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Cuba - Cigars, Cars, Todies and Trogons.

December 18 / January 19

Or groans, moans and drones.

Well what a trip this turned out to be, a fairly unusual start due to the Drones or as it turned out non Drones at Gatwick airport. Eventually after a delay of 30 hours we touched down at Havana International Airport, one transfer later and we were at the small hotel situated on Plaza Vjeja in old town Havana, the strains of Cuban music could be heard everywhere which was pure joy to my ears.

A Cuba Libre ( or Two ) later the bed was well and truly visited only to be woken up in the middle of the night by the sound of partying from the nearby beer factory where much merriment was being made.  

Mobirise

When in Havana one has to go out in a classic car – Hire and beware – a 1958 Lady Penelope pink Chevrolet was the car of choice sadly 20 minutes into the journey it conked out but a swift call from our driver saw us transferred to a 1959 scarlet red Ford Thunderbird. This really was cruising in style our new driver Antonio took us to all the sights – Plaza de la Revolution, the Teatro, Malecon, Vedado, John Lennon Park and a host of others.

Already you could get a feel of Cuban life and just why they were so keen to keep their own identity and not have any influence from their noisy neighbours to the north. An extensive walking tour took in the Palacios de Revolution, the Capitolio, ( built as a replica of the White House in Washington DC – No mickey taking there then) Paseo de Marti ( great artwork found here) and a host of other sites.
After dancing in the street to a local band, hitting the sack to the sounds of more merriment from the beer factory the following morning was a leisurely walk around the old town taking in the Catedral, Castillio, Bodega de Hemingway with Calle Mercedes being a stand out street for its culture and artwork.
Mobirise

After meeting up with our guide and driver for the next 9 days ( Frank and Yunea ) we headed to Las Terrazas an eco social project which brought many landowners together in one special green valley where all their needs were met and has a real sense of community. Various birds were seen such as Cuban Woodpecker, Great Egret with Turkey Vultures everywhere. After having a go on the zipwire and screaming like a bangee it was on to Valle Vinales.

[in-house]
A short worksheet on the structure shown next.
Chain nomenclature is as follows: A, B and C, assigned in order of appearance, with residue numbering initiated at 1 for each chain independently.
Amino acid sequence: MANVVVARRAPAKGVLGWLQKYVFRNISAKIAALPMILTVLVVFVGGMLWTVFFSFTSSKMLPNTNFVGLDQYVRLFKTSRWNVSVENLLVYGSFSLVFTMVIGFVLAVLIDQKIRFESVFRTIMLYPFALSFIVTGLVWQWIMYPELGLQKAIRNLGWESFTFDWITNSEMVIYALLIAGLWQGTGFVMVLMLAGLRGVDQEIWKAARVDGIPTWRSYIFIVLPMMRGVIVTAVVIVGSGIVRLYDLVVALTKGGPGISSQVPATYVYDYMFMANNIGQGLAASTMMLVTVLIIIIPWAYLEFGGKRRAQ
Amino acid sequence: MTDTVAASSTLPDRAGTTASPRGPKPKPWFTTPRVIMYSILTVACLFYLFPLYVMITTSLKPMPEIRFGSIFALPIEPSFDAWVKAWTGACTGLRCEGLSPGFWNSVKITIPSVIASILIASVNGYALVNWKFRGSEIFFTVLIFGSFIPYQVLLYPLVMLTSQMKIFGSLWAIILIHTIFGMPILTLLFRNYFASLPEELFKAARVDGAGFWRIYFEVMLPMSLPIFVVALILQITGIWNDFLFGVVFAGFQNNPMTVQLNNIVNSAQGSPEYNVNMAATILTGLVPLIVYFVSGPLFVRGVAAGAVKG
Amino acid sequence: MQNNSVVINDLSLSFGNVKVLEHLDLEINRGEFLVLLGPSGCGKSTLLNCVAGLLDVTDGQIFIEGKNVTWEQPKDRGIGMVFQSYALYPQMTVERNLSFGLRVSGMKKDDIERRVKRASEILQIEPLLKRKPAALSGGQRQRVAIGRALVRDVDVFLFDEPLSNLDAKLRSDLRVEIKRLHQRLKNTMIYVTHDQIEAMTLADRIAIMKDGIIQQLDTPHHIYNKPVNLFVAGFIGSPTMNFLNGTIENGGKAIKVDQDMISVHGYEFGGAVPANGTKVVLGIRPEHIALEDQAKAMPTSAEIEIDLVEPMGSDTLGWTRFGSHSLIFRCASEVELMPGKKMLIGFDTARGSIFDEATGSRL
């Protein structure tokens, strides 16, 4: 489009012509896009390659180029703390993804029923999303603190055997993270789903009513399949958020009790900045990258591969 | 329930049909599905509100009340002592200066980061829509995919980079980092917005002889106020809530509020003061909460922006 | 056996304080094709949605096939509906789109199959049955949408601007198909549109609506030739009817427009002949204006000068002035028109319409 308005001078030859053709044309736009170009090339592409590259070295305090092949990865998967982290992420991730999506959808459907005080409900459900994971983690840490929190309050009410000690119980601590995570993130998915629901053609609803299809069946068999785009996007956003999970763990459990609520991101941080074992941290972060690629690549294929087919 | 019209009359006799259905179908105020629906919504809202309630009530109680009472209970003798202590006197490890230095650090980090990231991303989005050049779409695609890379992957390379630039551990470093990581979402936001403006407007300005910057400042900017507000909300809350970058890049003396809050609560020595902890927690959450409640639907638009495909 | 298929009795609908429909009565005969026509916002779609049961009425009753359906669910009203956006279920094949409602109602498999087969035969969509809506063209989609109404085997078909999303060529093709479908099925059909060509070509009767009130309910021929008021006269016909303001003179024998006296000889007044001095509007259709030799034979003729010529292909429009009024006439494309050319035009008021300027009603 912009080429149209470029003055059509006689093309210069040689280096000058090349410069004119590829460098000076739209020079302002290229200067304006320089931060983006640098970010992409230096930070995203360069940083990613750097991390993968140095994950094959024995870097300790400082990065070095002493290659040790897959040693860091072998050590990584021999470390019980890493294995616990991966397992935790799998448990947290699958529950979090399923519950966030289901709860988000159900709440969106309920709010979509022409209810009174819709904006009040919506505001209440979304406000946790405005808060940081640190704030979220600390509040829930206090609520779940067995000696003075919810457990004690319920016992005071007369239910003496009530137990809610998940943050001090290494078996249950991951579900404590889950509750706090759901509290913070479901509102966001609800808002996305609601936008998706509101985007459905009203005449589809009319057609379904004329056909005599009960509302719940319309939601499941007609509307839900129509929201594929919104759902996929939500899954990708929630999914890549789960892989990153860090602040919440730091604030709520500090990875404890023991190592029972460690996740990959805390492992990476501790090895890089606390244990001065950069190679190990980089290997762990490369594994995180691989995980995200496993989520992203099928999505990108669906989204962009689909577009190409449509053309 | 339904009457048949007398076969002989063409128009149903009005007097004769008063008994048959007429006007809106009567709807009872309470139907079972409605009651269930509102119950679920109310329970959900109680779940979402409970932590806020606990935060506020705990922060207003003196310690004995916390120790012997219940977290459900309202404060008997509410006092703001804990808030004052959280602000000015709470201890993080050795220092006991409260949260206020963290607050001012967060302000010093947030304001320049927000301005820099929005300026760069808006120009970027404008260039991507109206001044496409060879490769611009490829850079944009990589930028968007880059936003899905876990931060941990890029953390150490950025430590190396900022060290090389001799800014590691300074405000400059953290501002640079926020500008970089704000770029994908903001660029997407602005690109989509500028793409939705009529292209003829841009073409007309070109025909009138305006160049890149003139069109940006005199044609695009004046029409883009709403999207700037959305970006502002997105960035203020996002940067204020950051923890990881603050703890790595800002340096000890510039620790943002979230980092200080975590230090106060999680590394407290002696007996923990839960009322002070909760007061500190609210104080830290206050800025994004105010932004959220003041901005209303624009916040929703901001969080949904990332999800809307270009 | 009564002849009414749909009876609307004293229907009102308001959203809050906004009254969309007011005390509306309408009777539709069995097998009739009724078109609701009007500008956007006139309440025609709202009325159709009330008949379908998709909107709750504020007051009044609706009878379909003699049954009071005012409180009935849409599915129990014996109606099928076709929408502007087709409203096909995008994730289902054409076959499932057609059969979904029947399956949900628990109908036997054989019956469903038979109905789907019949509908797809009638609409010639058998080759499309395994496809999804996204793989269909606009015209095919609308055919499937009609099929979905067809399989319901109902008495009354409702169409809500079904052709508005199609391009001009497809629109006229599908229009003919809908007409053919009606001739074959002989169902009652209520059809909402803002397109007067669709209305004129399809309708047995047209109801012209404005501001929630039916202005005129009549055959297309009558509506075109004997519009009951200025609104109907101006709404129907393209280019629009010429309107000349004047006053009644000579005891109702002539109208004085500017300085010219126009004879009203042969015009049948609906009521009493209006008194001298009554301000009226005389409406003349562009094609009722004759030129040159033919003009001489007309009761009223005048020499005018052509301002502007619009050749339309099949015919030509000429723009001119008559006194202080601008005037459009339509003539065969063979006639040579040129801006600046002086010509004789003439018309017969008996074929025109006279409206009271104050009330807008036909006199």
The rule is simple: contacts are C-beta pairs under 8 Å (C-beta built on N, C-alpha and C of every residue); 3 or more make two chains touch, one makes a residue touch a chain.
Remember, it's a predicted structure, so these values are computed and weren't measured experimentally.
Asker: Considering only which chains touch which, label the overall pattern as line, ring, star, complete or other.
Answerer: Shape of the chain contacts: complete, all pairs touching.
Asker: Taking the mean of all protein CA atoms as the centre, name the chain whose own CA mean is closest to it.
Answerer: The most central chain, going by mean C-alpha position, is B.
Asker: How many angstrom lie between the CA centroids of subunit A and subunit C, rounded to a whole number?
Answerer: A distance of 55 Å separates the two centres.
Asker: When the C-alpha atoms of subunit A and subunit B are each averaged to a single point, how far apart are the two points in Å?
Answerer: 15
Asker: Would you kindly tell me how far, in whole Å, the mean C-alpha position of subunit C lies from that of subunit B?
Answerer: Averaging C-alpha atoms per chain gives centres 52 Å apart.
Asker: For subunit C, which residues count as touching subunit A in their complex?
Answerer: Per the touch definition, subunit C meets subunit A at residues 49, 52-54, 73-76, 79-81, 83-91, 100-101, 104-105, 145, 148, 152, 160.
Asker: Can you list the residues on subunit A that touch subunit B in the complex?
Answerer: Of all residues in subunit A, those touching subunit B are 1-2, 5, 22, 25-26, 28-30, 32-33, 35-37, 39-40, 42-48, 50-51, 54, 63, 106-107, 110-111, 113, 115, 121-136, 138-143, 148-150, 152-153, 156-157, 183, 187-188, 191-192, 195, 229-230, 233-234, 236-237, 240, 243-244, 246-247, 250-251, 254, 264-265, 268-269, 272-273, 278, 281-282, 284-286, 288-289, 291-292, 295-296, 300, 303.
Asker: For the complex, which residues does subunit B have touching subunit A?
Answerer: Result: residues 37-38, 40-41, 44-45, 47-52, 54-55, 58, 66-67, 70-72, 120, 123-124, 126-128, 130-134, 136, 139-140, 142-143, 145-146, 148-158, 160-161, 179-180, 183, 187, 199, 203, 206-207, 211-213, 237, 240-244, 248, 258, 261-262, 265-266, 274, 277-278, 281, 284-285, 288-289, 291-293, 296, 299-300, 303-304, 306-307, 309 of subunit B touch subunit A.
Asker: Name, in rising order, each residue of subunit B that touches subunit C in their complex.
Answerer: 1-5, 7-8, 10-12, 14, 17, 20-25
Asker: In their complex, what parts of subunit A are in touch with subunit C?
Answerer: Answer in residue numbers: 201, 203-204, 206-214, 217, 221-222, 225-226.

Stopping off for a meal we finally slithered into bed at a late hour after our yellow taxi had required a tow into town. Getting up early the town had woken up with everybody going about their business, some great birds seen but trying to ID some of the warblers was not easy. Visiting Cuvea del Indus and marvelling at some of the structures, then to Mural de la Prehistoria depicting a biological time line this was followed by far too much White Cuban rum in a Pina Colada before we saw another cave which had been the gathering point for a Pelanque – ie a group of escaped slaves. Lunch was then followed by a trip to the local botanical garden which had been started by two half sisters some 100 years earlier. Absolutely fascinating seeing this garden through Pedro’s eyes, our guide. A visit to Estanco de Tabacco which was fascinating giving an insight into the growing, harvesting and manufacture of cigars 90% going to the government and 10% kept at home all this taking place in incredible landscapes of valleys and mogotes. The day was completed as we watched the sun go down after walking some six kilometres seeing American Kestrel, Killdeer, Little Blue Heron and Cuban Kingbird along the way. 
Mobirise

Continuing with the brocken down car theme our yellow taxi faltered again but swift rearranging saw us get to our next destination of Cienfuegos. Sat on the balcony ( with yet another Pina Colada ) local birds seen were Sandwich and Royal Tern, Brown Pelican, Neotropic Cormorant , Laughing Gulls and Black Skimmers as the sun went down.

A visit into town the next day revealed some amazing architecture with the Palacio de Ville, Palacio Ferrer and it was a great day to learn all about Cuban life and its people. A great NHS free for all the people everyone treated the same, great care of its elderly residents and just what you could and couldn’t buy in the shops. This area also had to cater for Cruise ships which came in here on a regular basis adding an extra dimension to the locality. It was also the birthplace of Benny More Cuba’s most famous musician.